Recently, my friend Beau Suder and I were discussing the need for accountability in life. Personal accountability is a funny term because it is so often tied to the process of coping with some sort of shameful addiction. It is true that this is often the case…and it has its place, but accountability is much more than just a way to defeat a struggle with some sin issue. The truth is if we want to live well, we all need accountability; people in our lives to help us reach our goals, discuss decisions with, keep us from making wrong turns and shine light on our blind spots. This sort of accountability was readily available to Beau and I during college as many of our closest friends were literally, “just down the hall.”
Since then, both of us have graduated and found ourselves in the “real world,” discovering quickly that one must be more intentional in building accountability into his life with most friends being scattered across the globe and not nearly as accessible. Beau brought up the idea his uncle had shared with him of a personal advisory council consisting of a handful of his closest friends, mentors and associates, people he would discuss major life decisions with, share goals and struggles with, etc. We agreed that this was one of the best solutions we had heard and decided to go about creating our own. I chose to call mine a board of directors being the business junkie that I am.
Following that conversation I discussed the idea with some people I highly respect, learning that many of them also have a system like this at work in their lives. This shouldn’t come as a surprise, anything successful in life from a business to a military unit has some sort of human oversight to keep the leadership in check and moving in the right direction. The question then becomes how does one take the structure and benefits of a traditional board of directors and tweak it for personal use? This is what the following couple of posts will be about, looking first at how to go about choosing who should be on your board, followed by defining the purpose and structure of such a board.
Choosing the Right People
Diversity – One of the most important factors in creating your personal board of directors is choosing a diverse group of people. Just as a corporation is strategic in choosing board members with various areas of expertise, one should avoid filling their council with the same type of person or a bunch of yes men. Richard Leider, in an article for Fast Company several years ago, outlined various types of people you should make sure to include on a personal board of directors. These included: “…a clarifier who asks clear questions, a connector who leads you to other people, a challenger who helps you act boldly, and a wise elder or sage” (Feb 2000).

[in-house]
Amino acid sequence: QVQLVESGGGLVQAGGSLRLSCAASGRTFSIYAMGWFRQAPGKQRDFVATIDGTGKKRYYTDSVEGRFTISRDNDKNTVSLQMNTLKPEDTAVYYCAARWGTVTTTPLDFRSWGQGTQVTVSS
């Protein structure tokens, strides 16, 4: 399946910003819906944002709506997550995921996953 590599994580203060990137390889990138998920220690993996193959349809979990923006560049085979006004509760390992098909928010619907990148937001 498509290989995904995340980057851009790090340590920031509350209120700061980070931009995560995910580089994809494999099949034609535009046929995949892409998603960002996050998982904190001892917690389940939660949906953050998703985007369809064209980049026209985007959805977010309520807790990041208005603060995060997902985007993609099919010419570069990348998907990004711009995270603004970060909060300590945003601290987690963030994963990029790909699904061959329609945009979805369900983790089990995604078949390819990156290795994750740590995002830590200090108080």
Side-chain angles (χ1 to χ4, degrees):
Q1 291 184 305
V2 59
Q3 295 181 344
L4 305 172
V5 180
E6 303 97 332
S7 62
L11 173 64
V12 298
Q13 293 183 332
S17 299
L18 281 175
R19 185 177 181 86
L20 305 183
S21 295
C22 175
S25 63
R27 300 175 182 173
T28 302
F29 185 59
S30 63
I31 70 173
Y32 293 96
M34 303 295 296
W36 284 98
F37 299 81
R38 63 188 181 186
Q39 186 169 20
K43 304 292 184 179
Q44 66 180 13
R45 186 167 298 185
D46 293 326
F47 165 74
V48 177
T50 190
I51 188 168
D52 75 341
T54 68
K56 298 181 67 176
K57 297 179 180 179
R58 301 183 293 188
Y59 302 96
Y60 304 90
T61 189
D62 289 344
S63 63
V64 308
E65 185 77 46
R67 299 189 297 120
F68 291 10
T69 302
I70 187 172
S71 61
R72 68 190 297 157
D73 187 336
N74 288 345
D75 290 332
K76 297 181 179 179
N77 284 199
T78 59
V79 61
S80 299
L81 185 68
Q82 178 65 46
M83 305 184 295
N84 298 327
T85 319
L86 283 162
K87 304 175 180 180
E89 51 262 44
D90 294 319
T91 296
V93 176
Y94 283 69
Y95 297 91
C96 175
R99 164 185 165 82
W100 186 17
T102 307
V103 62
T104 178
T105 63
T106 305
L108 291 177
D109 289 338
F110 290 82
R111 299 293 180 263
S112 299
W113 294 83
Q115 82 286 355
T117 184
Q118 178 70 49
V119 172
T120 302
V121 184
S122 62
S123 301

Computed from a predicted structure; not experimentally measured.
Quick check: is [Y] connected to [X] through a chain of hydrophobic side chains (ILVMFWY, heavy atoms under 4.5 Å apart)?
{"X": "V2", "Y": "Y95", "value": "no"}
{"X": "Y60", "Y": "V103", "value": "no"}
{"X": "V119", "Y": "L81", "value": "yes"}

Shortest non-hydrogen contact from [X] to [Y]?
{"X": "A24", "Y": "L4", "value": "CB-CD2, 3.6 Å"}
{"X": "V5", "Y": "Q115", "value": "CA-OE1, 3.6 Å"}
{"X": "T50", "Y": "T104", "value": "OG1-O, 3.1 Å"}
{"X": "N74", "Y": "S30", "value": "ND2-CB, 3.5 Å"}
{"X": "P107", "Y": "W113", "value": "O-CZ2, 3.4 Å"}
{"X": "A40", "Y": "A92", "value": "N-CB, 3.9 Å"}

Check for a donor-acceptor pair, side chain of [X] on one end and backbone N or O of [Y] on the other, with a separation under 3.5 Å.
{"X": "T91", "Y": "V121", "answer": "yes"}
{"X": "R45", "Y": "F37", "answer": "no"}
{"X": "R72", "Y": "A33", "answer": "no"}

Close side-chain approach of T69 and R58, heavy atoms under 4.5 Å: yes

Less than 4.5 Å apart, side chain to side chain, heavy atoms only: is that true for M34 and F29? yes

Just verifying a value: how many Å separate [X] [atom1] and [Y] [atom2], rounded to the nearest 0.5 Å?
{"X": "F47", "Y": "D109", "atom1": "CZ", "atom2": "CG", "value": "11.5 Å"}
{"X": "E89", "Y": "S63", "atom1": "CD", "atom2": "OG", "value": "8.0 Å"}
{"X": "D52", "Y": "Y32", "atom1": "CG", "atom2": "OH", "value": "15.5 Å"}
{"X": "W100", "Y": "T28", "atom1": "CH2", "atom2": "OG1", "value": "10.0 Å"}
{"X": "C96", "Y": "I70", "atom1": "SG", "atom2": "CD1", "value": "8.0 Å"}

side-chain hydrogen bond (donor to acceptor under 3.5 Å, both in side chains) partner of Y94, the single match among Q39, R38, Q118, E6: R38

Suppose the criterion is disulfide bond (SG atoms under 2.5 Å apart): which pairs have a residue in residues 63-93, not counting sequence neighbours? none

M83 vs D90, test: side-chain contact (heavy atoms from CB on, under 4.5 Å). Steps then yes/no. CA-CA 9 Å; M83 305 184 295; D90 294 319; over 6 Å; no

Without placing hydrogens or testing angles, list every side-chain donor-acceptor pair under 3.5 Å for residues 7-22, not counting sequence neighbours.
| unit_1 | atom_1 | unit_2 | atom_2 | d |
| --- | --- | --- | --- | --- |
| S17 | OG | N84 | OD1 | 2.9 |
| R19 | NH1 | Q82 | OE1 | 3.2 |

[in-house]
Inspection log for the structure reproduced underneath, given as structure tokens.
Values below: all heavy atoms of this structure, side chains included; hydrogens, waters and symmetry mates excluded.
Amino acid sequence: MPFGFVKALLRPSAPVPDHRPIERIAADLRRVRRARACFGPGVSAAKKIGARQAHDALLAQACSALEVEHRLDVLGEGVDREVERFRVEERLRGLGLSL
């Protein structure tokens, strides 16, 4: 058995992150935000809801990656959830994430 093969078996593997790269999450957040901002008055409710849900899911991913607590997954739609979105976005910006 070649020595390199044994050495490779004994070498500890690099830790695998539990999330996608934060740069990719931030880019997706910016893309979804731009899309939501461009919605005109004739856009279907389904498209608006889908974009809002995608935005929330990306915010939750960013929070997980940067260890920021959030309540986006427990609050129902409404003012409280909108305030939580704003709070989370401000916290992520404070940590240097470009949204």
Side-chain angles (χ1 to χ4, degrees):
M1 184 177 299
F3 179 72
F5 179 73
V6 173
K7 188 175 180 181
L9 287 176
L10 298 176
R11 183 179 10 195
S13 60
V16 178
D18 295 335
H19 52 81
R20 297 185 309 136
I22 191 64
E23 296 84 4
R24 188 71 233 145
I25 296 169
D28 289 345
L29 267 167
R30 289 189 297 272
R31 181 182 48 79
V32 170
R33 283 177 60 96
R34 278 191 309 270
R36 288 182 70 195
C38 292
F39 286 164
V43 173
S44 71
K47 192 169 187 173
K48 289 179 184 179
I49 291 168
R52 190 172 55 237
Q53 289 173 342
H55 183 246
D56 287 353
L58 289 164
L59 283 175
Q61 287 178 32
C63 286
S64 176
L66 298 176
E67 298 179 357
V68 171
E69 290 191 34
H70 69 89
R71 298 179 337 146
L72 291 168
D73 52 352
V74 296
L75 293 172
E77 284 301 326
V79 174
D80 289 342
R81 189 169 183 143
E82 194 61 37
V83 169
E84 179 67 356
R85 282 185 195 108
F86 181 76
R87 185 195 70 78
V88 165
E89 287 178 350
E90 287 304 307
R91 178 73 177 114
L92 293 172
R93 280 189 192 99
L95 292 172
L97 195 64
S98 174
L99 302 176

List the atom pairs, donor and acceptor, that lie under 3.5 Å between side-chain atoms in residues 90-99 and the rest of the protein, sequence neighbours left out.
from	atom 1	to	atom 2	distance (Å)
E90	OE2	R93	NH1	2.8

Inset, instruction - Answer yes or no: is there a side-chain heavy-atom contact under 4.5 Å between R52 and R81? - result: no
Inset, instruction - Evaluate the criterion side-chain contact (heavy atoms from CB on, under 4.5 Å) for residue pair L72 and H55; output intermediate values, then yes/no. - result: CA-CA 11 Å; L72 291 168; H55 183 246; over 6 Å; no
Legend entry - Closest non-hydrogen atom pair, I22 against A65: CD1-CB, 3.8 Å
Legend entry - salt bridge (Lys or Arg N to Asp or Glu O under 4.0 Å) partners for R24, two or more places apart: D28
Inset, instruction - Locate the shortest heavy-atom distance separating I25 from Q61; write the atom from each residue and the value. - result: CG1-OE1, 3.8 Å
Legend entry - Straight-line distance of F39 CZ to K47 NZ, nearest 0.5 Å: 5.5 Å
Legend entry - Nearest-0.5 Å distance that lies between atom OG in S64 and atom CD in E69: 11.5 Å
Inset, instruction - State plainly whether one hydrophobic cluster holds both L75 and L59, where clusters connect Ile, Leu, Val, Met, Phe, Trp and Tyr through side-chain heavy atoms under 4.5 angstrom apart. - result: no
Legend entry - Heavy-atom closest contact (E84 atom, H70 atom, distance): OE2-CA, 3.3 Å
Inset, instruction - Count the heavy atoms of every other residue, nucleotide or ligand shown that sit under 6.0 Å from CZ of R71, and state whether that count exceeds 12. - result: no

By intentionally placing people from various backgrounds, experiences, personalities and skills on your board you will be sure to get the most complete and well-balanced counsel. When asked about diversity in a board of directors, my father-in-law, CEO of a large non-profit organization operating in Africa, explained, “By having a diverse group of individuals on your board the creativity brought to the table instantly increases as issues and ideas are debated from a wide variety of angles.”
Relationship – It is important that you have a relationship with each member of your board since the most intimate details of your life will be the subject of constant scrutiny. I am not advocating a board entirely made up of your best friends (low diversity), but unlike a corporate board who may not have any contact with the CEO outside of its periodic meetings, a fair amount of trust must exist between you and your members to make the process effective. Also, you need people who are not afraid to confront you and ask the tough questions. It is my experience that strangers, or even people with a weak tie, are very rarely willing to do this.
Shared Values – While I stress diversity as a necessary element of any successful board, there must also be an underlying consensus on major values and world view. For example, it does you no good to ask the help or advice of someone on the subject of prayer if they do not believe in God or the importance of prayer in the first place, it will simply be a waste of time for everyone involved. A common value system must be shared between you and your board if you intend for them to guide your life in a specific direction. Much of this should be resolved by simply following the previous requirement of relationship…you should know potential board members well enough to know if you share the same fundamental beliefs on issues like faith, family, work and money.
Leaders – After much thought on the types of people I will always want on my board I realized they all share a common identity: leaders. The fact is, I want to be a leader so it does me no good to surround myself with a board of followers. By picking leaders in various fields, careers, etc. you ensure that you will have a proactive board constantly pushing you towards excellence and more willing to challenge you than the average person. Leaders love making other leaders, its a natural process and one that should be tapped into if you are going to create a powerful and effective board of directors.
The best life is found in the midst of strong, organic relationships. The kind that go beyond kind words and a few laughs. Proverbs 15:22 states, “Plans fail for lack of counsel, but with many advisers they succeed.” (NIV) Creating a personal board of directors is about placing a system of counsel and accountability in one’s life, an important step in helping one reach their full potential and avoid many pitfalls along the way. Do you already have a system like this in place? If so, tell us about it. Next time, we’ll talk about defining the purpose and structure of your personal board of directors.